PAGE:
Atheists Hijack the Definition of Faith

A common tactic of the scientifically-minded “new atheists” has been to pre-emptively define faith as an irrational belief in the absence of evidence, and then to ask you how you could believe such a ridiculous thing. Professor Randall Rauser takes on this dishonest tactic here:

“While such definitions that pit faith against reason are nothing new (Mark Twain defined faith as “believing what you know ain’t true”), they have always been utterly spurious, baloney, a mere canard. A much more plausible definition of faith emerges when we consider philosopher Anthony Kenny’s definition of reason. Kenny defines reason as the mean between skepticism and credulity, that is, the optimal balance between inappropriate belief and inappropriate doubt.

But why think Kenny’s definition is true? Let’s consider a quick example. These days those who tend to reject faith typically are enamored of science. One of the cornerstones of science is observation, and the cornerstone of observation is human sense perception. This raises a crucial question all too often overlooked by the devotee of science: how do we know that sense perception is reliable?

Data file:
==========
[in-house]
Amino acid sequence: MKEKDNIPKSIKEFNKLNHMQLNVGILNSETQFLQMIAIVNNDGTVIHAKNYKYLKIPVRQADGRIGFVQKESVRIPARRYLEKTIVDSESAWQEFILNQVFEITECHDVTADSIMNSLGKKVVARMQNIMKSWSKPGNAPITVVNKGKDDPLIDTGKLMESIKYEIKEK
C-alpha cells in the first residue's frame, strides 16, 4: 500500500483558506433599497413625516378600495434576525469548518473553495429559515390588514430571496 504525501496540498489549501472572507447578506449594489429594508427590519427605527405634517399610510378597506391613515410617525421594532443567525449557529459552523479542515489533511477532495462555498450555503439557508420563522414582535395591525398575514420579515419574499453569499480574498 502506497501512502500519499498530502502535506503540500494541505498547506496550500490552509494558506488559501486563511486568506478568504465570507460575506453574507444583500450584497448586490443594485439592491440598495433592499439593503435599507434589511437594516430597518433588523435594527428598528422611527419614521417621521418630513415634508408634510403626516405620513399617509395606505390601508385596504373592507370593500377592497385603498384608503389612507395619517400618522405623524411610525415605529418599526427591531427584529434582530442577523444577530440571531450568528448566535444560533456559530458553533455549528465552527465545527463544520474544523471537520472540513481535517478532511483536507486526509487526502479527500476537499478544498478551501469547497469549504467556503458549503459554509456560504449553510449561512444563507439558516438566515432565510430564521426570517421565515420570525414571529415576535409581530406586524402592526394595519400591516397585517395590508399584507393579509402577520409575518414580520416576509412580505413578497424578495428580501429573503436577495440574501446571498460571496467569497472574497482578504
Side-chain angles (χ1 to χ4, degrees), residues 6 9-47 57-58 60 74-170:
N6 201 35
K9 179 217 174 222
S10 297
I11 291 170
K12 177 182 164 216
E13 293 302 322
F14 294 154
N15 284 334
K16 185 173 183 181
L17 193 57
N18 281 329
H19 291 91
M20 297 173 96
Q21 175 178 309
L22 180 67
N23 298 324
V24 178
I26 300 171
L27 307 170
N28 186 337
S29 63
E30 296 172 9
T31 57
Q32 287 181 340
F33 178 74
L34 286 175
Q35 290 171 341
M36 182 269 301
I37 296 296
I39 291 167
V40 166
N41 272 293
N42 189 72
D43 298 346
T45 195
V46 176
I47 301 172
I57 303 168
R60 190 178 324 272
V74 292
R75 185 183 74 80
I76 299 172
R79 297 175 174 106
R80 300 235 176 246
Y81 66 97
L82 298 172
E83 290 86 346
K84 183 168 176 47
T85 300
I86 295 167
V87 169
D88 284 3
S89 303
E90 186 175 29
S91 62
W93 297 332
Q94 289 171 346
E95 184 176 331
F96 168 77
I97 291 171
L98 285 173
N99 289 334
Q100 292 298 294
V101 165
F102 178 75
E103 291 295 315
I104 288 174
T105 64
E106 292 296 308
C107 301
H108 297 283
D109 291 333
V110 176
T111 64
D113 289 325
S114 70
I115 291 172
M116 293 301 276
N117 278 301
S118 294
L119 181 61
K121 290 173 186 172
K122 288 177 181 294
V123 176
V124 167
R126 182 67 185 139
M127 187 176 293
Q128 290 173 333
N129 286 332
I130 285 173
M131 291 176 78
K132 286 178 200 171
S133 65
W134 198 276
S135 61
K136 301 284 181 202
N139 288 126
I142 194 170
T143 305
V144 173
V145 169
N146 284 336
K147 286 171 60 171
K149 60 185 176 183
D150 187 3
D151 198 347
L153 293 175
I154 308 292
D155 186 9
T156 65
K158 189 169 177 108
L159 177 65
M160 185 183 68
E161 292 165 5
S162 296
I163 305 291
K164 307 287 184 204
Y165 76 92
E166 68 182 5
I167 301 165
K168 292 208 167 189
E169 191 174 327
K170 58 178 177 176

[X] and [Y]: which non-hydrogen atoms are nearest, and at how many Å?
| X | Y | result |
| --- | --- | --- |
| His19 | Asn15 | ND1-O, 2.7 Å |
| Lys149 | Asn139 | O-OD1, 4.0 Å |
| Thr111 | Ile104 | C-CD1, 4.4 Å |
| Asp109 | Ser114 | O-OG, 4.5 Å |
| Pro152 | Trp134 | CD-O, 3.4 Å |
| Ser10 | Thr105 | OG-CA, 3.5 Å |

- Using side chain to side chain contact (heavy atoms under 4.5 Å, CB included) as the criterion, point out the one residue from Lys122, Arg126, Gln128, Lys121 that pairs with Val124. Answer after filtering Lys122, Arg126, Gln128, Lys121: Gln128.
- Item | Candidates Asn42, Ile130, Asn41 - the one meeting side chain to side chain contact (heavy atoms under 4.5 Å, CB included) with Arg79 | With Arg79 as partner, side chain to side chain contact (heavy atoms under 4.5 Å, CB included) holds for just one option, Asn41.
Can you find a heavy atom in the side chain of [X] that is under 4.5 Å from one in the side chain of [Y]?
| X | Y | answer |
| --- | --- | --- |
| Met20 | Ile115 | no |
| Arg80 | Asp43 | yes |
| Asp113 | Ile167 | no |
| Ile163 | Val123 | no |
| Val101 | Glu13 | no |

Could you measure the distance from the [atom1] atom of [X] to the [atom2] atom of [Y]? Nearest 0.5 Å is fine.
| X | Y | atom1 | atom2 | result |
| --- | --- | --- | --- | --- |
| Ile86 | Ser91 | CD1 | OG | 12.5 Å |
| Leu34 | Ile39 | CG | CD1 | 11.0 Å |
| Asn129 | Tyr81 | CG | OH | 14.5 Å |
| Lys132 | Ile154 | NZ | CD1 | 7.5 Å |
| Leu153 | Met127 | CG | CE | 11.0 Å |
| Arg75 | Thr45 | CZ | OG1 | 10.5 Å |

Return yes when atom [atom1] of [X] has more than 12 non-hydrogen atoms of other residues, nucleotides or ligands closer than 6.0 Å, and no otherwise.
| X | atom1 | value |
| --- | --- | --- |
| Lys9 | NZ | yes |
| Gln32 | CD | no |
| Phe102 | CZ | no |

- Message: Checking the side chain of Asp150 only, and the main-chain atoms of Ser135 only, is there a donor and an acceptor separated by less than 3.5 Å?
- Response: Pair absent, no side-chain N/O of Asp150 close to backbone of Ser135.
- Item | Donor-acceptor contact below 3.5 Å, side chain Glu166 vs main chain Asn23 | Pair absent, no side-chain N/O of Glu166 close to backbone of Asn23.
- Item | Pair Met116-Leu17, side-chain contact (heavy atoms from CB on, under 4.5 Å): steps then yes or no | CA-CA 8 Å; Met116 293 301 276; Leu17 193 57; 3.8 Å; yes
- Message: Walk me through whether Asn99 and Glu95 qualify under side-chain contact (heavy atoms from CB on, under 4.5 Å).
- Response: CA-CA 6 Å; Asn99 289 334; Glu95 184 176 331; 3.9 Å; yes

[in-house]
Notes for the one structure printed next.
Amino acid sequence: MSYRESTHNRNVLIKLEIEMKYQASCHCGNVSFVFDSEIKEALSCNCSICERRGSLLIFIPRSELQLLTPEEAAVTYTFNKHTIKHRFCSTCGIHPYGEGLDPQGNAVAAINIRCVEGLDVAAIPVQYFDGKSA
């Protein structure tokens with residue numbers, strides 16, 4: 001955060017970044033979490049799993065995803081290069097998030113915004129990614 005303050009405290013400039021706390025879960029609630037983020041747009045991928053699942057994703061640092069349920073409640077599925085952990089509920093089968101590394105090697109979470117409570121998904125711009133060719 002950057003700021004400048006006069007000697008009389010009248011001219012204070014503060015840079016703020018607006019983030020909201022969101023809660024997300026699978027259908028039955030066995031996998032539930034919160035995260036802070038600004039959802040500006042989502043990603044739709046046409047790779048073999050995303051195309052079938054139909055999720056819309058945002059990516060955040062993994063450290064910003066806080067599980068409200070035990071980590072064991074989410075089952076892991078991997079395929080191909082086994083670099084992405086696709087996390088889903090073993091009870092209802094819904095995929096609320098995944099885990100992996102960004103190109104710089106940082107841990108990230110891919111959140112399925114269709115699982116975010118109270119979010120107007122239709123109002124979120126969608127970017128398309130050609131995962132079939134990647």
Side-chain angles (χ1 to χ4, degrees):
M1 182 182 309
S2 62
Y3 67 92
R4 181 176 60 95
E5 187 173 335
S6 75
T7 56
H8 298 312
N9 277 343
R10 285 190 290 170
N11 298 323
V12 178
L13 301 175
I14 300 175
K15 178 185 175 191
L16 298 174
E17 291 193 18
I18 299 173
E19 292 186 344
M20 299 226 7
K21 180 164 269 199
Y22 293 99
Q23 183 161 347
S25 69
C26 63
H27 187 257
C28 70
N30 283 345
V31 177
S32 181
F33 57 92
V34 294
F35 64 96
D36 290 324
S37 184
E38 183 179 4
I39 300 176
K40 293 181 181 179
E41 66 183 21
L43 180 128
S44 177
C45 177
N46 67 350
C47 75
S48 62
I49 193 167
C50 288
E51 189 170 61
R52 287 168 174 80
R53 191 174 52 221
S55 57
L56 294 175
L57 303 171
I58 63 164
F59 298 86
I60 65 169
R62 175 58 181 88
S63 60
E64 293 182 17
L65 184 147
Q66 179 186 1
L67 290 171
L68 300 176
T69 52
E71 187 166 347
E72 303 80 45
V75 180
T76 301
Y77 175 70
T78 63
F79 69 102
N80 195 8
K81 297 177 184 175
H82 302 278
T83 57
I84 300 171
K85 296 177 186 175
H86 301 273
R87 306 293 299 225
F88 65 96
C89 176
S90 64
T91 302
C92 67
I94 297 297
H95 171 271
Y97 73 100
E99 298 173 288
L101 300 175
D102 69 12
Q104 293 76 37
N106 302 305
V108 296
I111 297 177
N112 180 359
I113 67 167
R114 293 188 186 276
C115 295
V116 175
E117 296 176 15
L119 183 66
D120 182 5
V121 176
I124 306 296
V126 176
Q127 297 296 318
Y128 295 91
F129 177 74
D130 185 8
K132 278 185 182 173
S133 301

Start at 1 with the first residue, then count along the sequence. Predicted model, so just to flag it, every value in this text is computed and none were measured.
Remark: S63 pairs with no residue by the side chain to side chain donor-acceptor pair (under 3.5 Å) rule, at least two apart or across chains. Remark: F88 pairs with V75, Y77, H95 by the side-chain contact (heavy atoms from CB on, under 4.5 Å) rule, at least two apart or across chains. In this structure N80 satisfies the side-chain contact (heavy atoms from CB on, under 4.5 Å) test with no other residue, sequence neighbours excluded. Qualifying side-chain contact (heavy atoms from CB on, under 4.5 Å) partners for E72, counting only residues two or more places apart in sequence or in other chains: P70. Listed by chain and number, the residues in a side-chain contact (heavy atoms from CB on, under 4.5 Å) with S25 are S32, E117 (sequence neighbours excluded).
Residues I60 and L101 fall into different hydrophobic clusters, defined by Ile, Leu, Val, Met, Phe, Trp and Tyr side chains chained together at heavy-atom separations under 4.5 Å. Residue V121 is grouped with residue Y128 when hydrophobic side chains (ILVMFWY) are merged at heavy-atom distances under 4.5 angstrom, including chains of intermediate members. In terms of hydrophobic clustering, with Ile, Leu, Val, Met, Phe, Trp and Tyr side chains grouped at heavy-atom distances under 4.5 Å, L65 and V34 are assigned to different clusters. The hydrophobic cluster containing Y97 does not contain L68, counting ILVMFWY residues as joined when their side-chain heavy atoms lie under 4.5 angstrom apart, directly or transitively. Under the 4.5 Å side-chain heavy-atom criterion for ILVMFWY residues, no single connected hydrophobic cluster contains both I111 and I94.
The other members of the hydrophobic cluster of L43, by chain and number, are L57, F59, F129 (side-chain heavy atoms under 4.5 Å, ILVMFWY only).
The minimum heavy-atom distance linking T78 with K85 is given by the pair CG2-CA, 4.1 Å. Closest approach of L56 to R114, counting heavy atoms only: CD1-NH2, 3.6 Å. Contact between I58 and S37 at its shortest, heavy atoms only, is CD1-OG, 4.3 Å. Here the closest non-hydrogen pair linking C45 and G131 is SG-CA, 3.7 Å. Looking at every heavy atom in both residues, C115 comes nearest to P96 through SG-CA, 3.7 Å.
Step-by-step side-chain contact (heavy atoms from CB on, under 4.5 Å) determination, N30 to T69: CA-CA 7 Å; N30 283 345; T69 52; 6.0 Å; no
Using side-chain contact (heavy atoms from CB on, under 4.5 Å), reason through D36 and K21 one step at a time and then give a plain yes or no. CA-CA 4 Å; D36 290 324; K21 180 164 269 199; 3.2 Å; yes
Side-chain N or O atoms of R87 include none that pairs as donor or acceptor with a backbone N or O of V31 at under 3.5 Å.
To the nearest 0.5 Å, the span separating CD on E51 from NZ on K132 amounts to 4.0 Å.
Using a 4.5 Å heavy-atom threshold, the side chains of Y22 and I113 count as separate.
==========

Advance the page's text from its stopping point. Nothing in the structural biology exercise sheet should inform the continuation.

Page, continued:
Philosophers have long attempted a non-circular way to defend the reliability of sense perception (that is, a demonstration that does not depend already on the reliability of sense perception). But there are only two avenues that one might accomplish such a proof: either through pure rational reflection or empirically (that is, through sense perception). Sadly all attempts at the former have failed woefully: we can’t establish through reason alone that sense perception is reliable. As for the second alternative, it depends on the very thing that needs to be proved: i.e. the reliability of sense perception!”

As John Paul II illustrated, faith and reason are twin wings, both necessary for the operation of the human mind. No Catholic should accept a so-called “faith” in arbitrary ideas lacking in any reasonable evidence. Catholics do not endorse what apologist Arnold Lunn called “fif”, that is a “funny internal feeling”, as evidence of truth. What we do endorse, in addition to the truths discovered by observation and philosophical reasoning, is the historically and evidentially credible testimony of revelation, found in the one God-made-man, Jesus Christ.

(Thanks to First Thoughts)

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